The children come running into the kitchen, and the adults fall silent.  They try not to discuss [the case] in front of the boy.

I cannot bring myself to question Oskar about what happened on the Arbat.  Instead we talk about his school, which specializes in intensive study of foreign languages.

“It’s one of the best in Moscow,” the boy comments with pride.  “I am studying there at the middle-school level.”

There is an entire zoo in the Skavronski apartment.  A hedgehog lives in the corner, in a cage.  Alongside it are two Chilean squirrels.  On top of the refrigerator parrots are singing.  There is also a pet snail.

The children run into the other room, they are having fun.

“Thanks for bringing your daughter,” Kristina says.  “Oskar has really brightened up, he’s more like himself now.”

[Next:  We learn more about the family relationships among Oskar, his dad, stepmother, and biological mom.]

[to be continued]

Posted in Breaking News, Human Dignity | Tagged , | 2 Comments

A short musing on the Deep State and the likes of it… – by Lyttenburgh

Dear Readers:

A brief introduction here, before I turn you over to my colleague, Lyttenburgh.  But continuing with our arcing theme of early summer, mysterious happenings, frolics in the forests, deep cabals and, of course, the Bard!

Today being the holy “White Sunday” in Russia, known as “Nightingale Day” in pagan times; aka “Pentecost Day” in the West.  “Pentecost” being the Greek word for “50th”, as in the 50th day following Passover and/or Easter.

And now for a little Bible reading this Sunday morning (New Testament, Acts II)

By chance it happened to be Pentecost Day (more known for harvest feasts than for Language Lab on the Jerusalem Campus) when Saint Peter was busy preaching to a congregation in the capital city of the Roman province of Judea.  Bringing the people the good news about Jesus Christ.  Suddenly giant tongues of fire descended on the congregation.  Several people started to chatter away in foreign tongues:  Parthian, Mede, Elamite, Mesopotamian, Phrygian, Egyptian, Cretan, even Arabic.  Peter explained to the masses what was happening:  “Fellow Jews and all of you who live in Jerusalem, let me explain this to you; listen carefully to what I say. These people are not drunk, as you suppose. It’s only nine in the morning! No, this is what was spoken by the prophet Joel: In the last days, God says, I will pour out my Spirit on all people. Your sons and daughters will prophesy, your young men will see visions, your old men will dream dreams.”

So, there is my Sunday sermon for all of you, Amen, and now, without further Ado, [whether Much or Little] about Something, here is Lyttenburgh to further engage your sense of awe:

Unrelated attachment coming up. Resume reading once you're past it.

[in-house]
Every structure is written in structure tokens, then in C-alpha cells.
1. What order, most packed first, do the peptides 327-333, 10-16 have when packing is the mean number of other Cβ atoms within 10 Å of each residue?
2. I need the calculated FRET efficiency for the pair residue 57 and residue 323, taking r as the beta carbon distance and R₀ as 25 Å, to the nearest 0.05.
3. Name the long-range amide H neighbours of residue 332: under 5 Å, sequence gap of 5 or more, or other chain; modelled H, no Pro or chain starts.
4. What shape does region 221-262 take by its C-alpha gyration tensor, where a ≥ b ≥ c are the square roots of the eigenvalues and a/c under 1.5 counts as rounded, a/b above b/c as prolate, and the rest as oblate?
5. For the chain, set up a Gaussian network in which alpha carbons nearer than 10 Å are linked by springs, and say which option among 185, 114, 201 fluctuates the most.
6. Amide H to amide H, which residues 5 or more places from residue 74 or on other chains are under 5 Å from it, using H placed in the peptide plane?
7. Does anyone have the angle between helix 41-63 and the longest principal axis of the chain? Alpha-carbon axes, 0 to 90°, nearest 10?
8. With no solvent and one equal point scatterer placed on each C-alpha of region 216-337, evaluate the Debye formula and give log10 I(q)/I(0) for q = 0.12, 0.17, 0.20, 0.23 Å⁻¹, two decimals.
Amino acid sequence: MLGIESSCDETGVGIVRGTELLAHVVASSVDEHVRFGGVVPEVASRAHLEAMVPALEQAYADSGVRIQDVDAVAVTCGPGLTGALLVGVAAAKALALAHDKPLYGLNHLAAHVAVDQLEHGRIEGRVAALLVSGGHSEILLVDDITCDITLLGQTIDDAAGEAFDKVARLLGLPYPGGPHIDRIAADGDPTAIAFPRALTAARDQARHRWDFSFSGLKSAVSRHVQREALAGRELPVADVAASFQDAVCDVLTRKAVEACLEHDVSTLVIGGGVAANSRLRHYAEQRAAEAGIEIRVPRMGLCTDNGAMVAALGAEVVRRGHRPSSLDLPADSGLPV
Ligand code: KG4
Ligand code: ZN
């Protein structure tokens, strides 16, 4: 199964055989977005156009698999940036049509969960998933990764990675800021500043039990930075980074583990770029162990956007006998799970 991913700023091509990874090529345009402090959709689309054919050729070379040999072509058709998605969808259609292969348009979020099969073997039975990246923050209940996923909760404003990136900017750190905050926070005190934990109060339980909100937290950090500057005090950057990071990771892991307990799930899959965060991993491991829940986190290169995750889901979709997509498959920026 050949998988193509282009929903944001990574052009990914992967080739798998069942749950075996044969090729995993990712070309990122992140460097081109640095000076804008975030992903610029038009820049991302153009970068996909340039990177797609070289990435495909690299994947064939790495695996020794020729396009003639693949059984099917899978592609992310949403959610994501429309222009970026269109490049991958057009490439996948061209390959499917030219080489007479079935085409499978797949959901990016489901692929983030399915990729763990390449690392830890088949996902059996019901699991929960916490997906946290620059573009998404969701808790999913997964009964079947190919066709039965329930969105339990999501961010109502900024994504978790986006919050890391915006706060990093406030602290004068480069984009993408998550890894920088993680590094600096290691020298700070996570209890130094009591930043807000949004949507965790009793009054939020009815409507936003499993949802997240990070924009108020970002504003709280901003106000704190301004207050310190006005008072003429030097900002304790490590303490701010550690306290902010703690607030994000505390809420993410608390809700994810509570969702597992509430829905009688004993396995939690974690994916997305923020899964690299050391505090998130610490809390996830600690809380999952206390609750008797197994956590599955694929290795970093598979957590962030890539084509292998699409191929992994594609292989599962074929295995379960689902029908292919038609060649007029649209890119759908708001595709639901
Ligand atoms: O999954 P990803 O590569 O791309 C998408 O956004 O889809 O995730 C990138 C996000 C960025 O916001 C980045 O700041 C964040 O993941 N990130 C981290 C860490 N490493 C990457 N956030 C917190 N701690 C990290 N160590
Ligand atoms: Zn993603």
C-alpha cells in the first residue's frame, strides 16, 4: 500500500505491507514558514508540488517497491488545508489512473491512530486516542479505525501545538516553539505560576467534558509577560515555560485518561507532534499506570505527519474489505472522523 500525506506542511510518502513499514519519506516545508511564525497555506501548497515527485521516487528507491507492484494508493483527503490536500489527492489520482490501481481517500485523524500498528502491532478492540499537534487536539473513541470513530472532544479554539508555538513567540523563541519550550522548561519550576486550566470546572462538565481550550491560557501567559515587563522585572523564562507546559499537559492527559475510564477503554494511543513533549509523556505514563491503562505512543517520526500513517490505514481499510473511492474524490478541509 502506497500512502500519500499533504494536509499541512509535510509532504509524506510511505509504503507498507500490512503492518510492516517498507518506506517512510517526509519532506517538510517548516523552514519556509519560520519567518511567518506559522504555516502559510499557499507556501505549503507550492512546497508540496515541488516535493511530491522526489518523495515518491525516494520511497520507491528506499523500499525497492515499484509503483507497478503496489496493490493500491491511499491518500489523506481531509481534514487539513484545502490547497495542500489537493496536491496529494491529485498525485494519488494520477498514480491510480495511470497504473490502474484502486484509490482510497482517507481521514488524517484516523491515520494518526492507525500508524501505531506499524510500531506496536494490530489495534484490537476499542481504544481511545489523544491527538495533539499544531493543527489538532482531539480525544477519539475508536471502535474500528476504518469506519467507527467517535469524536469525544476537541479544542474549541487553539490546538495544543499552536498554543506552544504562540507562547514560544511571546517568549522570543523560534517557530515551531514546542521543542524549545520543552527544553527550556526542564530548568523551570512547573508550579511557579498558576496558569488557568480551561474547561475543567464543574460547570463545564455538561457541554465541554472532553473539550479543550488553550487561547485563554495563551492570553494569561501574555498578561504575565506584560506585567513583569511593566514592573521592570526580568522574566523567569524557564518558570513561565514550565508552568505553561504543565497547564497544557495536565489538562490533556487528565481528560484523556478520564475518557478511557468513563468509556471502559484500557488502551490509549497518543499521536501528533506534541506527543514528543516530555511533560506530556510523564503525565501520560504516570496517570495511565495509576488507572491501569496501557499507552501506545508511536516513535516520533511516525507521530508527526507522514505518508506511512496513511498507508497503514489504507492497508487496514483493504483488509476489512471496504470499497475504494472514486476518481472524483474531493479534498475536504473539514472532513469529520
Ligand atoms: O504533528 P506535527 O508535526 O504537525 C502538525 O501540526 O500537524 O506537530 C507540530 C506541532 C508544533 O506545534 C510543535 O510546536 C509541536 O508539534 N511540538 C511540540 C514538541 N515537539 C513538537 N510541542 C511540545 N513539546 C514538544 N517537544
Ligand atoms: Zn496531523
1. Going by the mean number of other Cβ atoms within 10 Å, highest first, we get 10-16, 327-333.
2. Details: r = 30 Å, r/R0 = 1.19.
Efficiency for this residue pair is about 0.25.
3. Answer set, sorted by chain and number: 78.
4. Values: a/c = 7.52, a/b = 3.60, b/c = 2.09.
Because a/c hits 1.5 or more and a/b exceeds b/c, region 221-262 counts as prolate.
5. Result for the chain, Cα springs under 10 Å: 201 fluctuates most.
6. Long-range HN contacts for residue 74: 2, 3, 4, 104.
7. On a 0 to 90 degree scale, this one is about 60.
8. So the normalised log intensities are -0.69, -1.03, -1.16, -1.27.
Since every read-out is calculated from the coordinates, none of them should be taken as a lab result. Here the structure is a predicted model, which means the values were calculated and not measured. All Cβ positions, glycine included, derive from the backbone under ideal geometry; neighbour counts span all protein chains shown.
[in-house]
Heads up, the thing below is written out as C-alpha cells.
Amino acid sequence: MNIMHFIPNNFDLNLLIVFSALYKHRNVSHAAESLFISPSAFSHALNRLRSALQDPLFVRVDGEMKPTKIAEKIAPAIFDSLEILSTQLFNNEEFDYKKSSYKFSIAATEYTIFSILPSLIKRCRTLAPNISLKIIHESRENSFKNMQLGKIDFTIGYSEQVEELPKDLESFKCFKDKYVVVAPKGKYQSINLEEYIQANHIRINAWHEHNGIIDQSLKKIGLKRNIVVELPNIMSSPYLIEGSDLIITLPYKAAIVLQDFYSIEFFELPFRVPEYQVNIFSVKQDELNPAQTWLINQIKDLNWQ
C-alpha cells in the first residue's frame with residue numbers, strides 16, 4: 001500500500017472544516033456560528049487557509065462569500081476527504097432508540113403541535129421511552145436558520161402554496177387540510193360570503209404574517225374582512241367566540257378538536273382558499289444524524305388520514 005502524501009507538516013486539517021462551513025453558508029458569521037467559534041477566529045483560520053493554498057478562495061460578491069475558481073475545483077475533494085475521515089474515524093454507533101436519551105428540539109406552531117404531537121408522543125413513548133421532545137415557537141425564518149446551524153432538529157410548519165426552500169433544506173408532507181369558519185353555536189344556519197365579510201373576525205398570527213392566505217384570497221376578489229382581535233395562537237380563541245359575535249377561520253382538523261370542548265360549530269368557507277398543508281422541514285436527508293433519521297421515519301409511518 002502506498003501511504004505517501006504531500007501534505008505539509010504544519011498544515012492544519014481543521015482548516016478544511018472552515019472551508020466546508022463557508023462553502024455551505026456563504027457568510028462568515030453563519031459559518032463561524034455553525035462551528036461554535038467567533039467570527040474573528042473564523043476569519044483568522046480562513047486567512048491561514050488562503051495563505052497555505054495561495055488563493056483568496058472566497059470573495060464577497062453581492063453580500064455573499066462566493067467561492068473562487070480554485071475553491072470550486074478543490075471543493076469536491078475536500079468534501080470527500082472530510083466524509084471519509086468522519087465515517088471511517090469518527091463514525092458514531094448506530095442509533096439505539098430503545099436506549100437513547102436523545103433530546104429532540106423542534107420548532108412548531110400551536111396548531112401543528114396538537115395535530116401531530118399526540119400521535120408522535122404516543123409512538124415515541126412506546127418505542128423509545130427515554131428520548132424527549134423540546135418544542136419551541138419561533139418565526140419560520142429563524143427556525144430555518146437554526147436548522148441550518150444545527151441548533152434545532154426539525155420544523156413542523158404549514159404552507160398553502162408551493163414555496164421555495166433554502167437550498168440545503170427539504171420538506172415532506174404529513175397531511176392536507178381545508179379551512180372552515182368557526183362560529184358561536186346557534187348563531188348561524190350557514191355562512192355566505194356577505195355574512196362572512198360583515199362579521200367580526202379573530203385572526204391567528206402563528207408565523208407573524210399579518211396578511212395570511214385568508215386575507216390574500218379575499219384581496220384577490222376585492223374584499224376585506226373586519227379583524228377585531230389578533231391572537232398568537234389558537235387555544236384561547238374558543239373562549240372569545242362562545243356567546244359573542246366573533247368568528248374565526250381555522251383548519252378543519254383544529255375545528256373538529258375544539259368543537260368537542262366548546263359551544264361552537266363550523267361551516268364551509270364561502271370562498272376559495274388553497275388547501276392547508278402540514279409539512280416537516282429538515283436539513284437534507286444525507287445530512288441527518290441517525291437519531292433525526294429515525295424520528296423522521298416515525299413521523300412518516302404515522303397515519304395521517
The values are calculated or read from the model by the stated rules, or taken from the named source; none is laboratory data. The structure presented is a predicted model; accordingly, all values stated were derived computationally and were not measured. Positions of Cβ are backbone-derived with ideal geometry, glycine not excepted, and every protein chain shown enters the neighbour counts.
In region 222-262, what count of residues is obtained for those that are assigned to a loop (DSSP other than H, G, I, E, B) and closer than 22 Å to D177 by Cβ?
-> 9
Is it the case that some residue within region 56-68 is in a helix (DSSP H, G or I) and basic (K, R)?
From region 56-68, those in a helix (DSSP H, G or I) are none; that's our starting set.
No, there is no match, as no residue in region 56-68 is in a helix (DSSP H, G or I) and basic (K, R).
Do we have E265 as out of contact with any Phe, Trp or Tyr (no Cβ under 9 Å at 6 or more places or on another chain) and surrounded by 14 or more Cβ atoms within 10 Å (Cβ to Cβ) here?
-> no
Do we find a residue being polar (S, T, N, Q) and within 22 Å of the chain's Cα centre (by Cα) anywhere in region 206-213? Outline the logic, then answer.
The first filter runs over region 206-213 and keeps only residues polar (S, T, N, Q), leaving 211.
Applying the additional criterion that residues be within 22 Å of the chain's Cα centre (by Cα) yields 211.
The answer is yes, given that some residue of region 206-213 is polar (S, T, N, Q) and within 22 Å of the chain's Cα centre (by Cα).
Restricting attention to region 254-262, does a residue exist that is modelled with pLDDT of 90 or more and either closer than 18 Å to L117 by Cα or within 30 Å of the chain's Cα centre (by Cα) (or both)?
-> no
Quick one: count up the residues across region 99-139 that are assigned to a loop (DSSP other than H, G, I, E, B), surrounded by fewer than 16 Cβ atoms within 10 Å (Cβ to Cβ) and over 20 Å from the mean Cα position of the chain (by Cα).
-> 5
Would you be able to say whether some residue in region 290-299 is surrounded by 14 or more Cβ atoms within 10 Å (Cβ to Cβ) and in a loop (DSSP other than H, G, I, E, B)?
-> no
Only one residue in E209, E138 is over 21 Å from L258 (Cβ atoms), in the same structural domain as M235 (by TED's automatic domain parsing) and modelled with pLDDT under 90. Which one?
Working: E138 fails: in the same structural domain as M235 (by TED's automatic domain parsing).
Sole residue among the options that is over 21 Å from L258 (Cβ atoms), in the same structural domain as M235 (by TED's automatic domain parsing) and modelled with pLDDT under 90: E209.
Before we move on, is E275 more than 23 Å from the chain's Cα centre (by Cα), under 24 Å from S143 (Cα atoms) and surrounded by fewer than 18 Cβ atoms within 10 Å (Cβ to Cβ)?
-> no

A short musing on the Deep State and the likes of it….

(by Lyttenburgh)

“They are the faction. O conspiracy!
Shamest thou to show thy dangerous brow by night,
When evils are most free? O, then by day
Where wilt thou find a cavern dark enough
To mask thy monstrous visage? Seek none, conspiracy;
Hide it in smiles and affability…”

– William Shakespeare, Julius Caesar

It looks like the Stars themselves are conspiring for me to address one important issue. Signs and Portents were everywhere. First, a fellow Kremlin Stooge blog commenter Moscow Exile (native of the Misty Albion, now safely settled in Russia) mentioned a week ago the holy feast of Whitsuntide – that’s a fancy name for the Pentecost, commemorating the descent of the Holy Spirit of Christ’s Disciples and the formal creation of the Christian Church (4 June this year). This feast, borrowing heavily in its imagery from earlier pagan times, is also very important and memetic in British Isles.

Whitsuntide in the English countryside

Then – we had a bohemian semi-orphan wandering through Moscow’s streets reciting the Bard’s immortal verse. By pure coincidence, a distinguished member of the kreaklian perpetually kvetching masses of This Country, one Lucia Stein (former “Radio Liberty” employee and staffer in the electoral HQ of the highly handshakable liberast candidate Gudkov) was there to garner all possible hype and self-PR for her own political aims. Now Lucia is trying to get herself elected as Deputy in one of Moscow’s districts – all because of one “talented boy” (and her Instagram photos of the “sky-clad selfie” variety).

[yalensis footnote:  This Lucy Stein may indeed have a lot of ‘splainin’ to do, but as of currently, there is no evidence, photographic or otherwise, that she was out there on the Arbat, so this case remains an open mystery.  Look for my post tomorrow, which will have a lot more info on the Skavronski family!]

And, finally, I’ve stumbled upon one particularly crappy, inane commentary on one particular pretentious and self-important blog, where one of the “intellectuals” ventured forth with the “brilliant” idea that the so-called “Deep State” is the characteristic of only a full fledged democracy – a pinnacle of Western Civilization’s “Development”, so to speak.

Stranger and more trivial things have spurred Muses to guide one’s writing – Leo Tolstoy, for example, was inspired by the sight of a half-crushed yet still defiant thistle to write his “Hadji Murat”. While my short writing here does not warrant too much, especially in the way of “groundbreaking” revelations, being not entirely serious and relying sometimes too much on the Aesopian tongue to speak of the present, while talking about the past, I suggest that it be treated as appropriately– i.e. as a commentary. Nothing more.